Insomnia can develop with too little exposure to daylightA daily routine and daily exposure to sunlight help regulate sleep. Research backs this up and I see it in myself. My best sleeps come after days when I get up and out and do the things I do at the usual time.

Last night my sleep went off the rails, and I’m convinced the problem was at least partly related to light. Let me explain.

An Unusual Tiredness

My husband and I were viewing old slides last night, and around 9 p.m. I complained about how tired I was.

“Why?” he asked. Normally at 9 p.m. my evening has barely begun.

I couldn’t explain it. I’d gotten up at the regular time, had coffee, eaten regular meals. Worked in the morning, exercised late in the afternoon. Had a glass of wine before dinner and a decent night’s sleep the night before. Nothing that came to mind could explain how really bone tired I felt.

Staving Off Sleep

Even so, I didn’t go to bed right away. If I’ve learned anything about sleep, it’s that going to bed early can start people like me on a path to perdition. It can lead to:

  • Sleep onset insomnia, or trouble falling asleep at the beginning of the night
  • Sleep maintenance insomnia, or broken sleep with awakenings every hour or two
  • Early awakening insomnia, or waking up in the twos, threes, or fours and being unable to fall back to sleep

So tired though I was, I headed for my favorite easy chair, where I typically read for a couple hours until I’m sleepy enough to fall asleep. Then at some point I went to bed.

A Short Night—Or Was It?

The next thing I knew I woke up in the dark and it felt like morning. I hurried to turn off the alarm clock because my husband was going to sleep in. But when I looked at the time (my clock stays dark at night except when I press the button on top) I saw it wasn’t even close to 5:30, my normal wake-up time. It was only 2:15.

So I went back to bed. At the next awakening, I asked my husband what time it was and he whispered it was almost 5:30. I turned off the alarm.

Only it wasn’t 5:30, and I didn’t turn off the alarm, I later learned from my husband. That whispered exchange must have been a dream. Because when I went downstairs and turned on a light, the clock on the stove said 4 a.m.

What the heck?!

I’d thought my early awakening insomnia was a thing of the past. It was so far from normal now that I was determined to parse it out.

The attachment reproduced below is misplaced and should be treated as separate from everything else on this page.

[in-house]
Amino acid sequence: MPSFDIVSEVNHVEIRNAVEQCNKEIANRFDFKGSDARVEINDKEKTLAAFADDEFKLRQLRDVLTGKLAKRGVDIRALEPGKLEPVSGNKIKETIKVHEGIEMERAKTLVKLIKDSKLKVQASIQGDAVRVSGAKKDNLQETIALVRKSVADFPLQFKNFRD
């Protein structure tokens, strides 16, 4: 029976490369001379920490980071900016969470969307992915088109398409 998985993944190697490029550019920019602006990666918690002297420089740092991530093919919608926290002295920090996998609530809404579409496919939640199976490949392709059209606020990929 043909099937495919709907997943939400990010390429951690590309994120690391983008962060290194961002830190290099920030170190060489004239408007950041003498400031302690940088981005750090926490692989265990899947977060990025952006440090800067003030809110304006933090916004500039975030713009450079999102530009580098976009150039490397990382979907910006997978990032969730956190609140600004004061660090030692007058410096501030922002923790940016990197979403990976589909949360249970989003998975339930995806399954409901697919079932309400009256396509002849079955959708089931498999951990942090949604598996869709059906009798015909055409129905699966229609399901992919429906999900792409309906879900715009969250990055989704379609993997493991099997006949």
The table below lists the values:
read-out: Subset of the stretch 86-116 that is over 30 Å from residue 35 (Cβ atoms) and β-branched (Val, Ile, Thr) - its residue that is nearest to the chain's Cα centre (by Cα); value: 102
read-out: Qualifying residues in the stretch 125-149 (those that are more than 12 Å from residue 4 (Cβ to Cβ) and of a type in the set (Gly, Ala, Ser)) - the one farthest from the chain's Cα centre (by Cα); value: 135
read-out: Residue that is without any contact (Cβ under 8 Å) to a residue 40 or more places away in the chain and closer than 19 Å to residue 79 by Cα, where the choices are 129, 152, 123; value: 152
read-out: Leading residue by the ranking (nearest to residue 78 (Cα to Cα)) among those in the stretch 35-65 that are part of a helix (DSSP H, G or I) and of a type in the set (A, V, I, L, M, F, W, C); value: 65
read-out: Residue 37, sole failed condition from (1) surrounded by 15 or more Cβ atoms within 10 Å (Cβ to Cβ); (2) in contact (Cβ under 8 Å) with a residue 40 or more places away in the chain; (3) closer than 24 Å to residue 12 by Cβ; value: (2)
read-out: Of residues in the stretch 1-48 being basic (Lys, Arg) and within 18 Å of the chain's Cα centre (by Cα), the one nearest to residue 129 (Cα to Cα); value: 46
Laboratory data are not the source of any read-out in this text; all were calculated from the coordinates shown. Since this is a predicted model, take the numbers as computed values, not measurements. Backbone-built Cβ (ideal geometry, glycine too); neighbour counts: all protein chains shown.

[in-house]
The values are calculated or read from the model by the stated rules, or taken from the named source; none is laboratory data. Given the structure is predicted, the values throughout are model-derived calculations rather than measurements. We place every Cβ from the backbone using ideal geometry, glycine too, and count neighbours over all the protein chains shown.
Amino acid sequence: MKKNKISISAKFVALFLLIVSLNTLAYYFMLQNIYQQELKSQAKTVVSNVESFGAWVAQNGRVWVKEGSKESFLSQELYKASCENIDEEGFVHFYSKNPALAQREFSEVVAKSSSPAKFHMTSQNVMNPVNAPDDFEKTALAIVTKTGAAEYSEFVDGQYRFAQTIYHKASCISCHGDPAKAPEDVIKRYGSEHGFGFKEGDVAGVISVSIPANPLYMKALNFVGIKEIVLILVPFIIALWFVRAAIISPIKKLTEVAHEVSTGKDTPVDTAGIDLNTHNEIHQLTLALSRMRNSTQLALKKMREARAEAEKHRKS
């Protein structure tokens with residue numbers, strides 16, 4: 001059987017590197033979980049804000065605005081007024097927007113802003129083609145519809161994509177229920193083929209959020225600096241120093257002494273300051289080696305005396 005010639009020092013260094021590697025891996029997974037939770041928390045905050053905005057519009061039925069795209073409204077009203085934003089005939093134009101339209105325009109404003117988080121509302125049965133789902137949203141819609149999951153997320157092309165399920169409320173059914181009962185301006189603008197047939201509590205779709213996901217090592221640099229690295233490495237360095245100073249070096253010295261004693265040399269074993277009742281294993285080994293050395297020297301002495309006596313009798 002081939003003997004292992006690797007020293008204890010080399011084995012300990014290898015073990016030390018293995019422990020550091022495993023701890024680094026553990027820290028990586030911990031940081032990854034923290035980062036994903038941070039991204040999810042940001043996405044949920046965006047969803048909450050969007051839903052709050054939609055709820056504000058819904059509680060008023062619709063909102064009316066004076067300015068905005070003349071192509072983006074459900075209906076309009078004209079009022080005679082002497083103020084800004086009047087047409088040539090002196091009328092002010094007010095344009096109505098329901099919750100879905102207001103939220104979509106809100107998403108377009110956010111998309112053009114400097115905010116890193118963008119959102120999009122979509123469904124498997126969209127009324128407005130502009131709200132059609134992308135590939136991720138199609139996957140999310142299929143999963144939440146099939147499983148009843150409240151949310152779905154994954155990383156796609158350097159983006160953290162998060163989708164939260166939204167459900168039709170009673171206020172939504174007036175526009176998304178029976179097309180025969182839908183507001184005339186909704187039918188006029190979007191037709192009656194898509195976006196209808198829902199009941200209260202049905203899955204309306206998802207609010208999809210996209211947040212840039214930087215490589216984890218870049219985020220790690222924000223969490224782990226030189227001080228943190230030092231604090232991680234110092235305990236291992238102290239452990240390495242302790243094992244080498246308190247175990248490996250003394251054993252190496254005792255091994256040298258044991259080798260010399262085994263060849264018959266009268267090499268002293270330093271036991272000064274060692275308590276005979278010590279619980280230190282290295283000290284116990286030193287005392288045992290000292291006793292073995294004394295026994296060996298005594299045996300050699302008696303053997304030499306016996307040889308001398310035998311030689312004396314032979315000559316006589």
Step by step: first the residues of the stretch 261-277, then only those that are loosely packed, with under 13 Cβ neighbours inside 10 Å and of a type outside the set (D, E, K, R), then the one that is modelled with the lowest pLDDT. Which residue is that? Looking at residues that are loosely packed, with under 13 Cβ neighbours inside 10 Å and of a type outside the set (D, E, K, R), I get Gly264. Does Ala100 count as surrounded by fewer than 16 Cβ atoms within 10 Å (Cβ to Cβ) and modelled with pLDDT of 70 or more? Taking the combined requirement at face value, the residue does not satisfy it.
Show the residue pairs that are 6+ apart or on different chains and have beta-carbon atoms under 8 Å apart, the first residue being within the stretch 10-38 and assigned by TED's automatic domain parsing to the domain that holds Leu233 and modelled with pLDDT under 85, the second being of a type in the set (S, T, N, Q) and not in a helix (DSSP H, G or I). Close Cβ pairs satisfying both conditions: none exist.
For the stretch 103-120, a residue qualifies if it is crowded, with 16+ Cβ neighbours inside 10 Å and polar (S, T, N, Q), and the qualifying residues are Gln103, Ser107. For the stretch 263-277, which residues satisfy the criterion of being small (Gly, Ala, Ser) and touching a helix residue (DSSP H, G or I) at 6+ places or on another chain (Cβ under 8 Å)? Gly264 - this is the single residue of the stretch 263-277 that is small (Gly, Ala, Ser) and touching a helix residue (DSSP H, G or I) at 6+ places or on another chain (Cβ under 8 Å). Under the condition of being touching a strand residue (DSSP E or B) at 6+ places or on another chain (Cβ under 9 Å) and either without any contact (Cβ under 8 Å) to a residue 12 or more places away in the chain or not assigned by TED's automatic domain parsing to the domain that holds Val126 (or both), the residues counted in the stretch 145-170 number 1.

Reconstructing My Day

Two clues lay beside the easy chair where I sat down to read last night.

  • My book: It was open two pages beyond the bookmark, where I’d stopped reading the night before. Guess I didn’t read for very long!
  • Medicine I take every night to help with digestion: Two capsules lay on the desk beside the chair together with a full glass of water, untouched.

Obviously I’d fallen asleep in my chair way earlier than usual. But what had knocked me out so quickly and completely that I forgot to take my medicine? Read just two pages when normally I’d read for at least two hours?

Was Lack of Light the Culprit?

Suddenly it came to me. I had done something out of the ordinary in the middle of the afternoon. I went to a concert, where for two hours I sat under low light listening to Haydn string quartets.

That wasn’t all: the first violinist was super-animated as he played and kept swinging his feet up into the air. Every time those feet came off the ground I thought of a plane taking off, and that image juxtaposed onto the Haydn was jarring. I decided to close my eyes—and kept them closed for the rest of the concert.

So for two hours in the afternoon, at a time when my brain would normally be exposed to light, I sat in near-total darkness. That, added to our half-hour session viewing slides in a dark living room, might have affected my body clock, causing sleepiness to occur earlier than usual and early morning wake-ups.

Bright Light Exposure: Rules to Live By

As ubiquitous as it is, light might not seem like it would have much impact on sleep. But it does. People contending with circadian rhythm disorders have to pay special attention to light, and light or a lack thereof may figure in insomnia, too. Keep these things in mind:

  • Lack of sufficient light exposure during the daytime tends to have a negative effect on sleep duration and sleep quality. Get exposure to sunlight every day by spending time outside or inside near a window.
  • Exposure to bright light early in the morning will help you fall asleep earlier.
  • Exposure to bright light in the evening tends to delay the onset of sleep.


Posted by Lois Maharg, The Savvy Insomniac

Lois Maharg has worked with language for many years. She taught ESL, coauthored two textbooks, and then became a reporter, writing about health, education, government, Latino affairs, and food. Her lifelong struggle with insomnia and interest in investigative reporting motivated her to write a book, The Savvy Insomniac: A Personal Journey through Science to Better Sleep. She now freelances as an editor and copy writer at On the Mark Editing.

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